Friends and Russell Peters said India is smelly.
So naturally when I stepped out of the plane, I took a deep breath.
(Friends and Russell Peters clearly haven’t been in a lift full of Chinese after their lunch break…)
Sure, I know. And multiple times, I was told: India is filthy. India is not safe. Men ogle at you like a piece of meat. Women get raped. There are laws. But there is no enforcement. You shit like no tomorrow from everything you eat.
Once upon a time, somebody must have toppled a jar of magic powder and splashed poufs of red green purple yellow, disgust and delirium all over this wildly, savagely exotic place.
Why would one want to go to India?
Weeks before my trip to Mumbai, the GP gave me countless vaccinations and prattled on about a long list of what-not-to-dos. Then I left the clinic, took a 10-hour flight and forgot about everything she said.
I had ice in my drinks, brushed teeth with tap water and devoured street-side, newspaper-wrapped samosas. They are the best samosas I‘ve ever had.
From the Mumbai international airport to the hotel, I saw people walk across the motorway like they were asserting their last thread of civil rights on zebra crossing. Lorry broke down and stayed stock-still, driverless in the middle of the road. The honking never stopped. Strayed dogs and cats roamed the streets like zombies on earth. Busses spit soot.
I tried my hardest to stay awake from the jet lag, with teary eyes irritated by dust and ears ineluctably pierced by shouts of incomprehensible dialects. There was a tornado of violent, irrepressible energy going on in this place. I couldn’t not be a part of that.
On the second day, at the street behind the 5-star Taj Mahal Palace Hotel, we walked pass a dark, scraggy woman in orange saree. She has a tooth that juts out of her lips, resulting in her not being able to close her mouth properly. While travellers and trendy Mumbaikars swigged beer at nearby Colaba Social and select hotel guests mingled on broad terrace – she was begging for money, walking stark naked with life’s injustices hand in hand.
You see, Mumbai is a rare bird. It is the largest tax contributor in the state of Maharashtra, and Maharashtra pays almost half of India tax. Yet it shelters and starves the second largest slum in Asia. How exhilarating and exasperating is that?
It is as if the 20 million of Mumbaikars live their lives on a bunk bed, with the rich being on top and the poor grapples with public sanitation problem, illiteracy and spousal violence shockingly and widely regarded as norms at the bottom.
To make matters worse, the caste system that stormed into the room thousand years ago effectively removed the ladder and made it so much harder for the lower group to get to the upper bed.
It was like the big bully who came to the playground and separated the kids based on what their parents do and the toys they have. It’s social stratification, a cricket ball that smashed the Indian society into fragments of broken glasses and made one bleed when one tried to pick up the pieces.
For centuries, the caste system dictates almost every aspect of the Hindu’s life. It messes with human psychology because when you create a zone for people and ease them into this false sense of belonging, that zone becomes their comfort zone. It’s a useful tool to protect, attack and influence, with the latter especially apparent when politicians aim their manifestos at caste groups. A classic example of divide to conquer. It’s mind fucking you know, it’s so bad.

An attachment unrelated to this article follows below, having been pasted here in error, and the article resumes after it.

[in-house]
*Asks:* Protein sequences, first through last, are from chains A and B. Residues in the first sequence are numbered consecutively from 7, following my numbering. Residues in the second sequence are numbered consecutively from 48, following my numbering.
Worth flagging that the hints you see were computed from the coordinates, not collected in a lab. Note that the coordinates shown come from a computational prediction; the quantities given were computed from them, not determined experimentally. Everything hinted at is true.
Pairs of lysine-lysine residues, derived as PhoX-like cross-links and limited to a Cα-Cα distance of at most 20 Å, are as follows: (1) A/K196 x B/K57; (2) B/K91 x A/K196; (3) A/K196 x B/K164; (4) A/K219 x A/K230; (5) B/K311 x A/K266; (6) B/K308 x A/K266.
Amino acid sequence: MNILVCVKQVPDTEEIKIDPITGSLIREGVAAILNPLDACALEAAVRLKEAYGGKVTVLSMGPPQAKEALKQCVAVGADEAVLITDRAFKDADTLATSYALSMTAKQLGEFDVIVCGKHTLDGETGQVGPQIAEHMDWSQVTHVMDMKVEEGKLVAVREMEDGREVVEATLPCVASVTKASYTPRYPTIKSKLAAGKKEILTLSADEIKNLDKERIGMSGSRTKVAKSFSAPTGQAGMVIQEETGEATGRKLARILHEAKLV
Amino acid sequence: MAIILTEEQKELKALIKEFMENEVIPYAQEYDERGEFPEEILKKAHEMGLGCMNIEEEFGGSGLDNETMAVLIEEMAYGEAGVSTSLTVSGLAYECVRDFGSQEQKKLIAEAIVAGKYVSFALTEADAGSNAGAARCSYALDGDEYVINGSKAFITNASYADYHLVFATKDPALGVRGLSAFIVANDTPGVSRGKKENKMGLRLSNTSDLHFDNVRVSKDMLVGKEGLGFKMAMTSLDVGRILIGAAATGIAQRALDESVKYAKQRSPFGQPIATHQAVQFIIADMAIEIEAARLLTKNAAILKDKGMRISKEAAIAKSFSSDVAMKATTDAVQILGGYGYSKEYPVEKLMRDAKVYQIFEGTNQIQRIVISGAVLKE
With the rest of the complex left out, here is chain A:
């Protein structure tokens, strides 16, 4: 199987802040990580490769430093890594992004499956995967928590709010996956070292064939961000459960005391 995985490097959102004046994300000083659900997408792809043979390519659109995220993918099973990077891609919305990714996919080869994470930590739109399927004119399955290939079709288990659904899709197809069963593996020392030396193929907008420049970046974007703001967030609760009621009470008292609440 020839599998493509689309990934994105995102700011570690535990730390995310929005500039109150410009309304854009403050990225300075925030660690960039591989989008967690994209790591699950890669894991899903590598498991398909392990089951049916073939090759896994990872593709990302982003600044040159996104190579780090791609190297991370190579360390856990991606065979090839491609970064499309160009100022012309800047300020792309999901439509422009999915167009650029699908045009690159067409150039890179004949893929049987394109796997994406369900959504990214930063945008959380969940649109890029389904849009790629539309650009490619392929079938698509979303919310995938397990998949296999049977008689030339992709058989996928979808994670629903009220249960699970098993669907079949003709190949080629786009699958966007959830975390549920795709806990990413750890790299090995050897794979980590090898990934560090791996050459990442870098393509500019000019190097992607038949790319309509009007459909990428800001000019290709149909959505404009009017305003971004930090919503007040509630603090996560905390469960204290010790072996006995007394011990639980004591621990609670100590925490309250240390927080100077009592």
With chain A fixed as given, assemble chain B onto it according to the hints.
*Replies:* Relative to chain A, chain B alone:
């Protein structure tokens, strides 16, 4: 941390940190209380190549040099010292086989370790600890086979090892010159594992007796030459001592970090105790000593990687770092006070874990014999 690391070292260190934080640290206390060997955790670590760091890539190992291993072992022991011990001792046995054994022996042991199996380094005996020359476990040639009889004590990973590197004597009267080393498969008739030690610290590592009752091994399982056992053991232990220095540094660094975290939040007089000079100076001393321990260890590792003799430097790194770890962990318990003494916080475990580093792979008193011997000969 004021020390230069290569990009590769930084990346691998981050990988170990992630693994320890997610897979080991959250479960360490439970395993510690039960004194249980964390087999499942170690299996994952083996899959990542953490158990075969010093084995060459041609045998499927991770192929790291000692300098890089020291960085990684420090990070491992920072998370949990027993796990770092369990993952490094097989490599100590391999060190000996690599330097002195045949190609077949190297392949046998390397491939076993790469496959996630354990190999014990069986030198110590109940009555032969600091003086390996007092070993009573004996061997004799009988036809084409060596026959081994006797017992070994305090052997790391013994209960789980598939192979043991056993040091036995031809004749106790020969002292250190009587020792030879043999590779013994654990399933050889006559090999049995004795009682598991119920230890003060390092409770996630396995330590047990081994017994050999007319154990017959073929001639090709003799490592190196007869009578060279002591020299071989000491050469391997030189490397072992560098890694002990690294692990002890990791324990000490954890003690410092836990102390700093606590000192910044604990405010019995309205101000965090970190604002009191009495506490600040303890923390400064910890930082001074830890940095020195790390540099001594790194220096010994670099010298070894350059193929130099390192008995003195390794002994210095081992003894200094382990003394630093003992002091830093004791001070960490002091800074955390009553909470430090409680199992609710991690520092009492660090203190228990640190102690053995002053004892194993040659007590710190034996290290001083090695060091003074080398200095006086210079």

At sunset, we came across a couple who were relaxing by the water, watching boats inching slowly to the Gateway of India. They didn’t talk a lot. And it struck me that this pair of lovers, right in front of me, might be the perfect exhibit of a nation transfixed by arranged marriages.
I don’t know. When the rest of the world focuses on the sparks and the chase in relationships, the traditional Indian skips the supposedly exciting stage altogether and plunges straight to learning how to keep a romantic bond intact (coming from the birthplace of karma sutra, how deluded are you to think they didn’t know). What is more important than that?
Not that I am a true believer of this type of marital union, but studies have shown that arranged marriages have high satisfaction level and low divorce rate – simply because people have lower expectations when they enter into one and are set to commit for the rest of their lives right from the beginning. It’s mind fucking all over again. Except this time it isn’t so bad.
^ At the Crawford Market, three generations of vendors huddle together to sell nuts, teas, seeds and spices. The fountain designed by the father of Rudyard Kipling is just a few steps away.
Days before the BMC’s election, supporters flocked the street and rallied for municipal candidates. We certainly didn’t get out of the car. This kind of political gusto in India was overwhelming. And terrifying.
There were quite a few second-hand book sellers at Colaba. The joy of finding them and lugging all seven of my steal back to London was indescribable.
^ Arranged marriages and men who lock hands to parade their brotherhood – tell me something more rebellious one can do in the name of love?
Also, had fun stumbling into a shop-disco one fine, drunken night in Bandra West, and established instant rapport with confused vege seller. Poor guy didn’t had a clue what was going on.
Throughout my time in Mumbai, I didn’t see any familiar faces i.e female, oriental faces. In a dusty, maddening place like this, the lack of young East Asian tourists is understandable and self-explicable.
But then again, shouldn’t we all travel to see the world as it is, not how we want it to be?
Different places we go, sure they will leave their olfactory traces on our skin. So what if India is smelly? How bad could that be?
Go to India, sweetie. Pack your common sense and go.
Trust me, when I say there is no other place like this.